Xi Jinping's 'War on Golf' Could Leave Donald Trump With No Sports Buddy

Trump Abe golf
Japanese Prime Minister Shinzo Abe (L) and U.S. President Donald Trump (2nd L) are seen at Trump International Golf club in West Palm Beach, Florida, on February 11. Trump's sons are to inaugurate a new golf course in Dubai. Cabinet Public Relations Office/Handout via Reuters

When Shinzo Abe flew to Mar-a-Lago earlier this month to meet Donald Trump, the Japanese prime minister presented the U.S. president with a suitably ostentatious gold-plated golf club worth almost $4,000. The leaders played a round while chatting policy and business. However, when Chinese President Xi Jinping turns up for meetings on April 6, Trump would do well not to offer him a golf club.

Since coming to power in 2012, Xi Jinping has cracked down on the genteel sport in what commentators have dubbed a "war on golf." The sport has a contentious history in the country: Mao Tse-tung, founder of Communist China, described golf as a "sport for millionaires" and golf was banned until the mid-1980s. Though building courses was technically banned in 2004, the sport flourished—until Xi Jinping jumped on the anti-golf bandwagon and closed them in their hundreds.

Many party officials at local level play golf in China, which has angered many who see it as a sport for the wealthy in a country where there is also extreme poverty. The Chinese Communist Party banned its 88 million members from playing golf in 2015, due to its association with corruption and unofficial deals being made on the fairways.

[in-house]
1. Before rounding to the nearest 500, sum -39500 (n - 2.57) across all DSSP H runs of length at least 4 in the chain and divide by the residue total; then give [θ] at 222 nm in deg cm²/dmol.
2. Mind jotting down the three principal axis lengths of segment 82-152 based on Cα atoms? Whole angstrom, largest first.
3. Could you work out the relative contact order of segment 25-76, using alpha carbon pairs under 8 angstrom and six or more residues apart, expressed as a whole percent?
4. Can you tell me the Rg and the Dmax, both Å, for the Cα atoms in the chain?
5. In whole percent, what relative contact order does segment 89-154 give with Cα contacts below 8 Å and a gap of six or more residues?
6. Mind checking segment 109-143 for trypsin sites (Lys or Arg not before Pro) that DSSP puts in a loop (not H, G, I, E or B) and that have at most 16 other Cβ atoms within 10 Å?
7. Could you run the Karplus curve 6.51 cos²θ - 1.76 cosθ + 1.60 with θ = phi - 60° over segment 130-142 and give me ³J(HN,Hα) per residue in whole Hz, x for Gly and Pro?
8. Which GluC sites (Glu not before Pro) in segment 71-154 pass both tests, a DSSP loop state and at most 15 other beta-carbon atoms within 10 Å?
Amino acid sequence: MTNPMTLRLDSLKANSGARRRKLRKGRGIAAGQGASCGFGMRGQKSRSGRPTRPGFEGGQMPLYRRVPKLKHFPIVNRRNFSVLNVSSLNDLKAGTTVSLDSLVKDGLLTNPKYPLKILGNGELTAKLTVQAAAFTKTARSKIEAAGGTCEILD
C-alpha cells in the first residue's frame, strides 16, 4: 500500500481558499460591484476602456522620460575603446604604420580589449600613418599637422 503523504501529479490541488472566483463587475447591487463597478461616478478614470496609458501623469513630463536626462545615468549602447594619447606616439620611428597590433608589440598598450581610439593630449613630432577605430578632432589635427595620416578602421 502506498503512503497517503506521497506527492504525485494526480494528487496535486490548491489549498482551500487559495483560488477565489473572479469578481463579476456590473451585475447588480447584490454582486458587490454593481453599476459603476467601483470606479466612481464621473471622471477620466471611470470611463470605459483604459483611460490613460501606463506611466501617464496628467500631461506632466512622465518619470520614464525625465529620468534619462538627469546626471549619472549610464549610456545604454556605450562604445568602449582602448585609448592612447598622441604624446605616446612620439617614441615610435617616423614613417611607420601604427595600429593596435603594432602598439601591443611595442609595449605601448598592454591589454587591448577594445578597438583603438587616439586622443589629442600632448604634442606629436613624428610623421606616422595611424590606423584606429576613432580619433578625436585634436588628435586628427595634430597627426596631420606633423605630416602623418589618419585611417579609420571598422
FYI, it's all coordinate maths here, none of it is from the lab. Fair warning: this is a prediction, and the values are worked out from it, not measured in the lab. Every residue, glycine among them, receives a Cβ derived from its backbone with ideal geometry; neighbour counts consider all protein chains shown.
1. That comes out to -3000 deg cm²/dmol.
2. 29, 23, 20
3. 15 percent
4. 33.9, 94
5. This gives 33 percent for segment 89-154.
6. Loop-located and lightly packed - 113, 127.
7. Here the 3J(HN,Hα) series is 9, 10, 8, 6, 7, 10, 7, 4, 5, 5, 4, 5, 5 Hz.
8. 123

Though the ban was revoked in 2016, Xi Jinping told cadres they were forbidden from receiving golf memberships as gifts as part of his efforts to reduce corruption among more junior party officials.

When an official at the ministry of commerce, Wang Shenyang, was investigated in 2015 was part of Xi's anti-corruption drive, part of the problem was Wang allegedly using government money to pay for his golf clubs, according the South China Morning Post.

Trump's base in Mar-a-Lago has so far been the scene of his more relaxed visits from world leaders—Japan prime minister Shinzo Abe's trip where the leaders spent time "eating and relaxing" according to the White House Press, was in marked contrast to the tenser meeting Trump had with German Chancellor Angela Merkel at the White House.

Could Xi's distaste for Trump's signature sport change that? If Trump wanted to be diplomatic he could engage Xi in one of his favorite sports, which reportedly include martial arts and soccer. Perhaps the leaders of these two world superpowers could engage in a session of qigong before breakfast.